Three: The Information Commission has decided that documents revealing Margaret Thatcher’s discussions about the 1989 Hillsborough disaster must be released by the government. The original Freedom of Information request for the documents was made by the BBC two years ago and refused by the Cabinet Office on the grounds that disclosure would undermine the convention of collective responsibility and impact on the freedom with which ministers can engage in free and frank discussions. These arguments were rejected by the Information Commission on the grounds that there have been several governments since the time the documents were created and that “the subject matter of the discussions recorded within the information in question centred on a very particular set of circumstances that were no longer current at the time of the request.” The issue is important because the current decisions on ground safety are based largely on the events at Hillsborough and that there was a clear effort at the time to avoid criticism of the policing of the event. Should these documents reveal that a concerted effort was made to divert the blame of the disaster onto the fans and away from the poorly maintained of safety features inside the ground and the policing outside which directly contributed to overcrowding they will help shed light on the priorities of the government of the time. In addition they may well carry a significant weight in the attempts to secure arrangements for safe-seating stadia in this country.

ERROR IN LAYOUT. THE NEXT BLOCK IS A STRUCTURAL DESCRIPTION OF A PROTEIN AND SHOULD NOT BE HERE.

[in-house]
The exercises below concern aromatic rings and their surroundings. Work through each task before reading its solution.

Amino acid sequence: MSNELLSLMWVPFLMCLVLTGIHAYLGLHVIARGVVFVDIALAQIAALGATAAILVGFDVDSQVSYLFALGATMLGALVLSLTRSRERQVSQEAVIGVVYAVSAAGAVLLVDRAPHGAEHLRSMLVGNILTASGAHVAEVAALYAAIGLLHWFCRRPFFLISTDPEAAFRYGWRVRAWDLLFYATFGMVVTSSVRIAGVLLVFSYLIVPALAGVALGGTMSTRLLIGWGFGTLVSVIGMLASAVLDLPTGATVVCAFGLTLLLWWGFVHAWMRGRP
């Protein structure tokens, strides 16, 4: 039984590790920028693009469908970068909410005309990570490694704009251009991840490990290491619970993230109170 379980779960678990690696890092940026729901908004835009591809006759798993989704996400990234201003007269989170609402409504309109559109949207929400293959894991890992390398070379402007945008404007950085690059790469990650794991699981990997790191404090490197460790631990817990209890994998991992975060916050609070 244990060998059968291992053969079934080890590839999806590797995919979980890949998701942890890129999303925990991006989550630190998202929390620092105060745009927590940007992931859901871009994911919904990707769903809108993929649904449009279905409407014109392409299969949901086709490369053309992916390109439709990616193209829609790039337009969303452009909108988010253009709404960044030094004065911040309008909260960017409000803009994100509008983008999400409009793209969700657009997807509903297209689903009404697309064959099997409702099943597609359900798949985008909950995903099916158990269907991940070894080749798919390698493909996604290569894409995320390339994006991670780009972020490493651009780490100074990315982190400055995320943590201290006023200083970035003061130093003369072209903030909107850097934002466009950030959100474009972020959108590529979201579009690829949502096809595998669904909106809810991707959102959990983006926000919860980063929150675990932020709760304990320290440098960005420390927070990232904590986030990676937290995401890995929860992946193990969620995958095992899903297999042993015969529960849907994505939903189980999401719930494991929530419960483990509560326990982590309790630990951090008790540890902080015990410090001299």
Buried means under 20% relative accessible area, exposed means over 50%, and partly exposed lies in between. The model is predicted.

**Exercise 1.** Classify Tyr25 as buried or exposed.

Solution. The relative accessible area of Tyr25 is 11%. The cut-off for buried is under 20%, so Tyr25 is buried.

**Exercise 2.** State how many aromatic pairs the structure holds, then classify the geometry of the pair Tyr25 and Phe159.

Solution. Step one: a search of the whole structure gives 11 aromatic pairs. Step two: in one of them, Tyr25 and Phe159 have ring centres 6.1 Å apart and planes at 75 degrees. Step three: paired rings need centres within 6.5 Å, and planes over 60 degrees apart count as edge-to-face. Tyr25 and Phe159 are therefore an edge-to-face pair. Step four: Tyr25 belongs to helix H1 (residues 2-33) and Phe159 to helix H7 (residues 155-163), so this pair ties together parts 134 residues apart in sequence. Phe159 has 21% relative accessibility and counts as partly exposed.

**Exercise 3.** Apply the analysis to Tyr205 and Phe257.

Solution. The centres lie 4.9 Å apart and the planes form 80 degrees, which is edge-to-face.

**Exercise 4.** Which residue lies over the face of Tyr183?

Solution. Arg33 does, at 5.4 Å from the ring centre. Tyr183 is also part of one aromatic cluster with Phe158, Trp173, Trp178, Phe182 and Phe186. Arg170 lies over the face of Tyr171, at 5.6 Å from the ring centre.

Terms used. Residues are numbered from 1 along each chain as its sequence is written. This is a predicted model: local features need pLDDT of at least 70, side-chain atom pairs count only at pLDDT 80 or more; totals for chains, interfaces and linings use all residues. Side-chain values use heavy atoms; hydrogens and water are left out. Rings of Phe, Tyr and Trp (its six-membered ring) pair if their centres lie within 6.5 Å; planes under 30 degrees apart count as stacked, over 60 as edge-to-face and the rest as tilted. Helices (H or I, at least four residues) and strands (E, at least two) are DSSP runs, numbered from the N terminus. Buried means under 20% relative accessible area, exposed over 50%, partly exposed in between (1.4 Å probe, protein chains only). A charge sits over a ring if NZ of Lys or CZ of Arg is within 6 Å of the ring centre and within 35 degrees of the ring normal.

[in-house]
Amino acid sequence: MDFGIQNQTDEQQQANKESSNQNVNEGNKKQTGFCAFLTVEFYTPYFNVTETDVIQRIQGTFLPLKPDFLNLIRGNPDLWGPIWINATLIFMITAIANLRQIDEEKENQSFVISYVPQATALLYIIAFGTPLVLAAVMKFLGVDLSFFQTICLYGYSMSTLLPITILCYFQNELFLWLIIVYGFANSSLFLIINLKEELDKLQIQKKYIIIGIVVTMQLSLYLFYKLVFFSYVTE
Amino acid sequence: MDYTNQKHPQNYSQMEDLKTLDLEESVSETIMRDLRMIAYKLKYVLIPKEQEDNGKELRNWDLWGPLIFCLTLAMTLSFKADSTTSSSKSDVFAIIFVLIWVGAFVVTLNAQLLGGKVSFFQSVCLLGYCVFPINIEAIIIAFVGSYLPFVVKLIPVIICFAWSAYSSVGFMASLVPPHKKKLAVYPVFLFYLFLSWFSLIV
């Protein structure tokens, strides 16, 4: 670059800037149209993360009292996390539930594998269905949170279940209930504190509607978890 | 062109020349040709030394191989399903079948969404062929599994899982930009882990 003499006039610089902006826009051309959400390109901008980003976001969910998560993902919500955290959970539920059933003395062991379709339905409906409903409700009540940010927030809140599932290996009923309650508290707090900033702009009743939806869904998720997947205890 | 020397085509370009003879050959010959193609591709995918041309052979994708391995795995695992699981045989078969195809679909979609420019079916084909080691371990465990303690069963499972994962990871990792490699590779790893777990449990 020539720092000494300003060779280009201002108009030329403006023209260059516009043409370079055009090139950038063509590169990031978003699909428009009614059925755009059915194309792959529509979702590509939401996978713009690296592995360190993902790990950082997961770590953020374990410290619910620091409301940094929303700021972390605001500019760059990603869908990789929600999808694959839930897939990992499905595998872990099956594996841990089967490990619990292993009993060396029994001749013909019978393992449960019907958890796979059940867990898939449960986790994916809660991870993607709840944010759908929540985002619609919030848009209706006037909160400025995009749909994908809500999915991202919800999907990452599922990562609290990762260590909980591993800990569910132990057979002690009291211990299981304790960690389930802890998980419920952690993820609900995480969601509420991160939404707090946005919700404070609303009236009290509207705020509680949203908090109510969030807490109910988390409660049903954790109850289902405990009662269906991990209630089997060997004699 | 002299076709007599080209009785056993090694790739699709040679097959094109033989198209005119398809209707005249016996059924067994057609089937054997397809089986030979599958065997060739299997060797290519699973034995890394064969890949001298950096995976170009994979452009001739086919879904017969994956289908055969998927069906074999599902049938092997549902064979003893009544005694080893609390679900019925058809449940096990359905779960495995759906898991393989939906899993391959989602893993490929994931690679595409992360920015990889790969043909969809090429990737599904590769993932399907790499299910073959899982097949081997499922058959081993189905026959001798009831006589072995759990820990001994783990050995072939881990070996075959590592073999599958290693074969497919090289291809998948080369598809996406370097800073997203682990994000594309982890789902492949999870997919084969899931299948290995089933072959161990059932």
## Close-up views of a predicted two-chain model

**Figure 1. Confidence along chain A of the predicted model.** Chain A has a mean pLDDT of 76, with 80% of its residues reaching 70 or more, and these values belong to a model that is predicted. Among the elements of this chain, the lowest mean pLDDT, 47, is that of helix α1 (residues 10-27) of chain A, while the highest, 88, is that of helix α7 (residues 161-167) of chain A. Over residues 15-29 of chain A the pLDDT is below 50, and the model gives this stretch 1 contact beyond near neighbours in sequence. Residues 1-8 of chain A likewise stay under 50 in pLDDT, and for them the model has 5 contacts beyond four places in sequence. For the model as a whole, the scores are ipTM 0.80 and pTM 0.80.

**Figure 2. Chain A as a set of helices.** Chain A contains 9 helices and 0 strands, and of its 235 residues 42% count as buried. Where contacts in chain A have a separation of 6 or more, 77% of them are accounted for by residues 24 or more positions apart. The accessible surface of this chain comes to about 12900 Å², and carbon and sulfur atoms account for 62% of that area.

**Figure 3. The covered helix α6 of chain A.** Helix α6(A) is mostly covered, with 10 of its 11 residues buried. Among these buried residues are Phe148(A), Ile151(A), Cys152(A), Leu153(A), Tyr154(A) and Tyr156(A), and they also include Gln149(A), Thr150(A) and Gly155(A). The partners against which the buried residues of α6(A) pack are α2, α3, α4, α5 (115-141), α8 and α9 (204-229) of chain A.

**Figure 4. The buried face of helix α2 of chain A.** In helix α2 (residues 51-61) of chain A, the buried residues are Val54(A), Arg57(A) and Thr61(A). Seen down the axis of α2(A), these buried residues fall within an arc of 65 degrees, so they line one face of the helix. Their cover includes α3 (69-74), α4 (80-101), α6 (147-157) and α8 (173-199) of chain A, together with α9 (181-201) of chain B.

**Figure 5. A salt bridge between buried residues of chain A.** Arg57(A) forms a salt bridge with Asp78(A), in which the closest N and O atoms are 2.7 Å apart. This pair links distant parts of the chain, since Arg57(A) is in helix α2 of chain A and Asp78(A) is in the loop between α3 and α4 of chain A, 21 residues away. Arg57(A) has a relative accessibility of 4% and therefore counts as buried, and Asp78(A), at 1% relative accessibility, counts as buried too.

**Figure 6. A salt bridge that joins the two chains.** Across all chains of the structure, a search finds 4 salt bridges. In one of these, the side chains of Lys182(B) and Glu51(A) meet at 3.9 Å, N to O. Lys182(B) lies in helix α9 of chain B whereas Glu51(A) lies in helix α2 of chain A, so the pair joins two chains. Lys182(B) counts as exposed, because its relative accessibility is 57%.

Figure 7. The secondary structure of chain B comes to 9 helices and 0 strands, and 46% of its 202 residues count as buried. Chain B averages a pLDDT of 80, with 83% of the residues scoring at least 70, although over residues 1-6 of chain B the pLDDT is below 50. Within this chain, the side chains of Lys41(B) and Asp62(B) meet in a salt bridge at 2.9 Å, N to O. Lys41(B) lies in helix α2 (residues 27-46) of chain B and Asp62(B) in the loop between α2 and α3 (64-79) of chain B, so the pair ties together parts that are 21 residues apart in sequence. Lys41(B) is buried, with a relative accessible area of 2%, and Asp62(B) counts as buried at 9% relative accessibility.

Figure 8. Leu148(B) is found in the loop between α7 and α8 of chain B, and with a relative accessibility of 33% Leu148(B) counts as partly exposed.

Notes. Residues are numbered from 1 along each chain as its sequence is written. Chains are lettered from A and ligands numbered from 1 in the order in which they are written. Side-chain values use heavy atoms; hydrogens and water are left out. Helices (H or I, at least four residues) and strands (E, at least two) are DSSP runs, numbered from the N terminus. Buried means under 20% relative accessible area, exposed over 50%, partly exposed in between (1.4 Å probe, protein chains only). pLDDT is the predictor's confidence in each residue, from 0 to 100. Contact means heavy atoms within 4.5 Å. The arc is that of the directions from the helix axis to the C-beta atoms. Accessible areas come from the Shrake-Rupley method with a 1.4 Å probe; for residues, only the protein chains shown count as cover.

Four: The Home Office has seemingly backtracked on last year’s coalition agreement where it was agreed that “the protections of the Scottish model for the DNA database” would be adopted. Under the Scottish system DNA samples of innocent individuals are not retained. However, the change will see the samples of innocent suspects retained in forensic science laboratories anonymously where it would still be theoretically possible to identify a suspect from the code assigned to the sample but only where details of the sample were also provided by the police force which originally collected the sample.